Child Support Guidelines

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Massachusetts Child Support Guidelines

It is not uncommon for divorcing couples to strongly disagree when financial matters are involved. Fortunately, a set of guidelines has been developed regarding the calculation of child support. When you are facing these issues, it is wise to schedule a consultation with an experienced child support lawyer.

Guidelines Take Numerous Factors Into Consideration

The Massachusetts Child Support Guidelines include a formula that addresses both parents’ incomes. Specifically, the guidelines seek:

  • To minimize the economic impact on the child’s standard of living.
  • To encourage joint parental responsibility for child support in proportion to, or as a percentage of, income.
  • To meet the child’s survival needs in the first instance, but to the extent either parent enjoys a higher standard of living to entitle the child to enjoy that higher standard.
  • To protect a subsistence level of income of parents at the low end of the income range whether or not they are on public assistance.
  • To take into account the nonmonetary contributions of both the custodial and noncustodial parents.
  • To recognize the importance, availability and cost of health insurance coverage for the child.
  • To minimize problems of proof for the parties and to simplify administration for the courts.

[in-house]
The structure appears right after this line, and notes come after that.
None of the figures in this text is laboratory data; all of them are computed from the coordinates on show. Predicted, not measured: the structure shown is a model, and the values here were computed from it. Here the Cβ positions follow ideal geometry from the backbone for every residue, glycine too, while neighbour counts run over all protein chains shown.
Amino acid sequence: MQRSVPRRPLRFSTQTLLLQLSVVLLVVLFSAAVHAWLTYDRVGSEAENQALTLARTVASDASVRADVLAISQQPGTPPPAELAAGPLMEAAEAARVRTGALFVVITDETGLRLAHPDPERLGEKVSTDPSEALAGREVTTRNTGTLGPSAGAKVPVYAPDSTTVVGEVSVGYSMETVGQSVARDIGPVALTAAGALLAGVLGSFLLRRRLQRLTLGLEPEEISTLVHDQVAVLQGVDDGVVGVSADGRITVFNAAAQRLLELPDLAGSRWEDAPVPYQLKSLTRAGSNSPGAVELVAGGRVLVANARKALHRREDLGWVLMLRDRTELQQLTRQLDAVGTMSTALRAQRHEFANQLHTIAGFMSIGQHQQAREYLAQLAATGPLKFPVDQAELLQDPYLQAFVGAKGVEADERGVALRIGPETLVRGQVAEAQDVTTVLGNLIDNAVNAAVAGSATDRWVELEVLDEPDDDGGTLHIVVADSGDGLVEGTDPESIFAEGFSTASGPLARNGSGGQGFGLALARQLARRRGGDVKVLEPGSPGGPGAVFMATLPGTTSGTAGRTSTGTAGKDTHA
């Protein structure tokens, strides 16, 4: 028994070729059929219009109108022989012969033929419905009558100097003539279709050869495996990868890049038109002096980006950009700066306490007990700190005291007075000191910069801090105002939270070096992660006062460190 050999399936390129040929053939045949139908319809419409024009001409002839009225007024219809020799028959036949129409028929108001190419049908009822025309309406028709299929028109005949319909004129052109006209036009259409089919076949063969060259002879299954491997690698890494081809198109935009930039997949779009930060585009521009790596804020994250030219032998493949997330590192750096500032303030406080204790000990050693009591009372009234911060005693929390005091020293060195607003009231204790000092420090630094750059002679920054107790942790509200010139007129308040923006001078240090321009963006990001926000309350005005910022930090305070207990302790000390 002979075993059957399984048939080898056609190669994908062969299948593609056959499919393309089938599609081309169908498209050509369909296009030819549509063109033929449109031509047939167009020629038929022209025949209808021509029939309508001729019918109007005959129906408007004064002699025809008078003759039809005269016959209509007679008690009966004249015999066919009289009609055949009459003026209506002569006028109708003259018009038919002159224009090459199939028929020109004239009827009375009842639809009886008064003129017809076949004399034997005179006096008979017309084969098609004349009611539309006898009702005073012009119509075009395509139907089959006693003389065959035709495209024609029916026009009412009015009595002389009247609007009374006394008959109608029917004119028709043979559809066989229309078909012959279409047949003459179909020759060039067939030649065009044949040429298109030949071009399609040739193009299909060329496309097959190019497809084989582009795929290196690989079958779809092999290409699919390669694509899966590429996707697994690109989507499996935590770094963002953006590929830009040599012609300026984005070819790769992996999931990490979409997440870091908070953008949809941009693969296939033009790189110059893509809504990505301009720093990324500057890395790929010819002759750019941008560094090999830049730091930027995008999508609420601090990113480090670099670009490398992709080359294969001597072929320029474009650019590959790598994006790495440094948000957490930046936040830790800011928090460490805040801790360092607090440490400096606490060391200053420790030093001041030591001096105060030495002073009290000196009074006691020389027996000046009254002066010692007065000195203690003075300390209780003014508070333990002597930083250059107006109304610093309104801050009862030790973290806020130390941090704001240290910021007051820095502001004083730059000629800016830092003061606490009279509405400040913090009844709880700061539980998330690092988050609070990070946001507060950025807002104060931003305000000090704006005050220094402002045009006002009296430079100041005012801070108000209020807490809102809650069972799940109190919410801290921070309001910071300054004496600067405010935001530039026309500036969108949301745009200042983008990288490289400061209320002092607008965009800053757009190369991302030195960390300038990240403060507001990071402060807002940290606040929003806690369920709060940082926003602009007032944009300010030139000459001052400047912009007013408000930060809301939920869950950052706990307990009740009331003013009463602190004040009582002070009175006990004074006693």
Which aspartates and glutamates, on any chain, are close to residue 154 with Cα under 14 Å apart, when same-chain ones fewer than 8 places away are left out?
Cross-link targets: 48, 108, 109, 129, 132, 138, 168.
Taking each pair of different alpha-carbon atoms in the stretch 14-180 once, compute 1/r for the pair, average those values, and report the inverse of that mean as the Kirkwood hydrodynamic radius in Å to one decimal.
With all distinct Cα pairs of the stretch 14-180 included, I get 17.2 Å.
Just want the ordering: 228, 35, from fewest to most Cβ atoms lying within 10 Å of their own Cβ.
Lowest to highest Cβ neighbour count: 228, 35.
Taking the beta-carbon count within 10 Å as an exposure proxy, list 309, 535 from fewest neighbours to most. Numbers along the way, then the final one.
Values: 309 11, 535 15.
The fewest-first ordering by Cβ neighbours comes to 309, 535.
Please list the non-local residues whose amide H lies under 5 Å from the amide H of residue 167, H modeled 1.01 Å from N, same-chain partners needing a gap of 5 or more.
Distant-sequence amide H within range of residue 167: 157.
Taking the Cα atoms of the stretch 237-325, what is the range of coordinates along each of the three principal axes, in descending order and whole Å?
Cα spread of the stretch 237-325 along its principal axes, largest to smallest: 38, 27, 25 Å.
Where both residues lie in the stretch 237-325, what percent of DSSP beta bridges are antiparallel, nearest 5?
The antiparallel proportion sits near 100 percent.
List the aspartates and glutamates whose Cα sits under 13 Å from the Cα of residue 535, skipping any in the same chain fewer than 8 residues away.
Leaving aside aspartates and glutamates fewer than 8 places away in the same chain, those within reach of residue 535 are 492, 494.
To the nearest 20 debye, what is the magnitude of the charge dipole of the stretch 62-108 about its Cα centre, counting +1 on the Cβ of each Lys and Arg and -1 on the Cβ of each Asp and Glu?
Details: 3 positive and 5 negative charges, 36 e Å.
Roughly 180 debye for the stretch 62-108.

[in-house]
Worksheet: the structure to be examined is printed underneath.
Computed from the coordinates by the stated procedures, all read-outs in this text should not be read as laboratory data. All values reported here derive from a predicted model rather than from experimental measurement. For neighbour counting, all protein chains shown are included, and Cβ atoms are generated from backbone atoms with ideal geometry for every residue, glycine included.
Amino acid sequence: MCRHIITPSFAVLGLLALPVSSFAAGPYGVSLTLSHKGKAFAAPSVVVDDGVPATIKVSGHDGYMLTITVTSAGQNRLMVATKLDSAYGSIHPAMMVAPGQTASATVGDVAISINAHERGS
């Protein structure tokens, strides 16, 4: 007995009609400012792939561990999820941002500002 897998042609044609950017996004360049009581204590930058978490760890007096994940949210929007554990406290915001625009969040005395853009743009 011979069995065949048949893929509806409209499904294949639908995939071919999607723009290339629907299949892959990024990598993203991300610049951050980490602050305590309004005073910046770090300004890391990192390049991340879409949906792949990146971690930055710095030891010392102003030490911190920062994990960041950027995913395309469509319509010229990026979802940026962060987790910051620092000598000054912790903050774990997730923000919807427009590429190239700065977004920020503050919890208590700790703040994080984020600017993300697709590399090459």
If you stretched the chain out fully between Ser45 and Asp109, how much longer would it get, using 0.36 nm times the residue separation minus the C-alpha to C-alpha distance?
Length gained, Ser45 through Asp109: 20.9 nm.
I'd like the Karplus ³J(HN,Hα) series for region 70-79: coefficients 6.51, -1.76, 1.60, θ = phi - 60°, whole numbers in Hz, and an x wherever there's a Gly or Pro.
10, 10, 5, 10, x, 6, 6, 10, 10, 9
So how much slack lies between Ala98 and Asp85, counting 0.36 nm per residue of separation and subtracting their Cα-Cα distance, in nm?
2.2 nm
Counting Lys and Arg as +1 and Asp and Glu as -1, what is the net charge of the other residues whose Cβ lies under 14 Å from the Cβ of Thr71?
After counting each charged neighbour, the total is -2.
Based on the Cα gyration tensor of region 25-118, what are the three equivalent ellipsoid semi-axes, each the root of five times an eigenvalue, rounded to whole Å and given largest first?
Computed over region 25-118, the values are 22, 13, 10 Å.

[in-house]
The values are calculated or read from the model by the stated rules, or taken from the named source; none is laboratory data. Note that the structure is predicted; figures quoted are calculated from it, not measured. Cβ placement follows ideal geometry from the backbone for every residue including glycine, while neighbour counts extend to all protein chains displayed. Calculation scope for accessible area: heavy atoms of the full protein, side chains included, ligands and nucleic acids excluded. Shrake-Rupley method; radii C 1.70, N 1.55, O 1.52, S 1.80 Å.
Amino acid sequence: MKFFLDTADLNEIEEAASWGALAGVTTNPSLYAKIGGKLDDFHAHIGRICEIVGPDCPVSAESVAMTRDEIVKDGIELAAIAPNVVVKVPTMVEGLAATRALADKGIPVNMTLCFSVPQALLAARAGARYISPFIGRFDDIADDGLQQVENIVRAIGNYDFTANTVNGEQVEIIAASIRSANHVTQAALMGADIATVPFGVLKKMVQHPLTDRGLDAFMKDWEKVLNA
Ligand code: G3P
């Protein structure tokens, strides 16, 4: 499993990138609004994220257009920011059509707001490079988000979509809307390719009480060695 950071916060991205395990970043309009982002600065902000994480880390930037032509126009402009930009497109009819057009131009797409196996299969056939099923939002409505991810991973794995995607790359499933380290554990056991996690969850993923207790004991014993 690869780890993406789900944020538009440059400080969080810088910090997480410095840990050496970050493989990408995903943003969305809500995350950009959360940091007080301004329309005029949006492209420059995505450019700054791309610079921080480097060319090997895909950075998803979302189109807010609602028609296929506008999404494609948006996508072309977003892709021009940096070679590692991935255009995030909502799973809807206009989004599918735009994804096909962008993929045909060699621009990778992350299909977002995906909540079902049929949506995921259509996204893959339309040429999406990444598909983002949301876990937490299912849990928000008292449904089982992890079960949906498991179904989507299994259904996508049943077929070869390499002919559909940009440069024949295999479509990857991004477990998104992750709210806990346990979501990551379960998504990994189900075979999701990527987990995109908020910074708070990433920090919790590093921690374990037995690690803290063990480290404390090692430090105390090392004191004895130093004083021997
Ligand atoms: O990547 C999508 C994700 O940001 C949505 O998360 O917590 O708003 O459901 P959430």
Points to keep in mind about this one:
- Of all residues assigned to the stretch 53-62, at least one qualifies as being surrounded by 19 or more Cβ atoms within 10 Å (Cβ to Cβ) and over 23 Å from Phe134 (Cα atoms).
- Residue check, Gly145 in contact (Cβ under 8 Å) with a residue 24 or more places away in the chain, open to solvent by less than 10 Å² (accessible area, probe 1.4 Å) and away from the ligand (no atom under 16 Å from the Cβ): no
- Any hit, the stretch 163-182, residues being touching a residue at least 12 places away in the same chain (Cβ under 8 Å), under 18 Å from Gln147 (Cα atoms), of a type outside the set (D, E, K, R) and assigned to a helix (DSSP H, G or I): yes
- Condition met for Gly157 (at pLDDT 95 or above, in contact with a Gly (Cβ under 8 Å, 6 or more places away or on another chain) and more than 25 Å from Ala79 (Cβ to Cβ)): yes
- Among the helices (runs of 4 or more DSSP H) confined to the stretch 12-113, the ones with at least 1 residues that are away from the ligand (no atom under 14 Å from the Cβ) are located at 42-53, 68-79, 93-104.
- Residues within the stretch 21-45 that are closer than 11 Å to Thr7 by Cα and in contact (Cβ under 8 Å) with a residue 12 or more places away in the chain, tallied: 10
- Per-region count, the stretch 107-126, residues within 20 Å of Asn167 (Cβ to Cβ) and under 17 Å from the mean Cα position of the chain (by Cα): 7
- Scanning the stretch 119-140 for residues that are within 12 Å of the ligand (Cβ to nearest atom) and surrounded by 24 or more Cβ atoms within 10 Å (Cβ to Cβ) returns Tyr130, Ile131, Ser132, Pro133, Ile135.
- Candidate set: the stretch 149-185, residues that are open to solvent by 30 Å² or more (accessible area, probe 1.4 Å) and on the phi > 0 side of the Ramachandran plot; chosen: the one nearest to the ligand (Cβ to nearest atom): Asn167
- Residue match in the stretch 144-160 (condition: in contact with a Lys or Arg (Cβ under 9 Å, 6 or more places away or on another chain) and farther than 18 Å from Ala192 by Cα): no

• To promote consistency in the setting of child support orders at all income levels.

The child support guidelines are intended to provide the court with assistance in determining the payment amount given the relative income levels of both parents. As such, a child support amount is not written in stone as there are situations where deviation from the guidelines is appropriate.

Calculating Child Support in Massachusetts

In most instances the amount of child support is determined by applying the Massachusetts Child Support Guidelines. The child support guidelines are based on the idea that both parents are intended to contribute to the support of the child. As such, the available gross income of both parents is used in calculating the weekly child support amount. A deduction is permitted from a parent’s available income for expenses paid in connection with child care costs, health insurance, dental/vision insurance and other support obligations. Utilizing the combined available income of both parents, the guidelines tabulate a combined weekly child support amount which is a determination of the total support obligation of both parents for one child. Adjustments are made for parents with more than one child. The combined support amount is then reduced by the recipient parent’s share of the combined amount with the remaining balance becoming the weekly support obligation of the payor parent.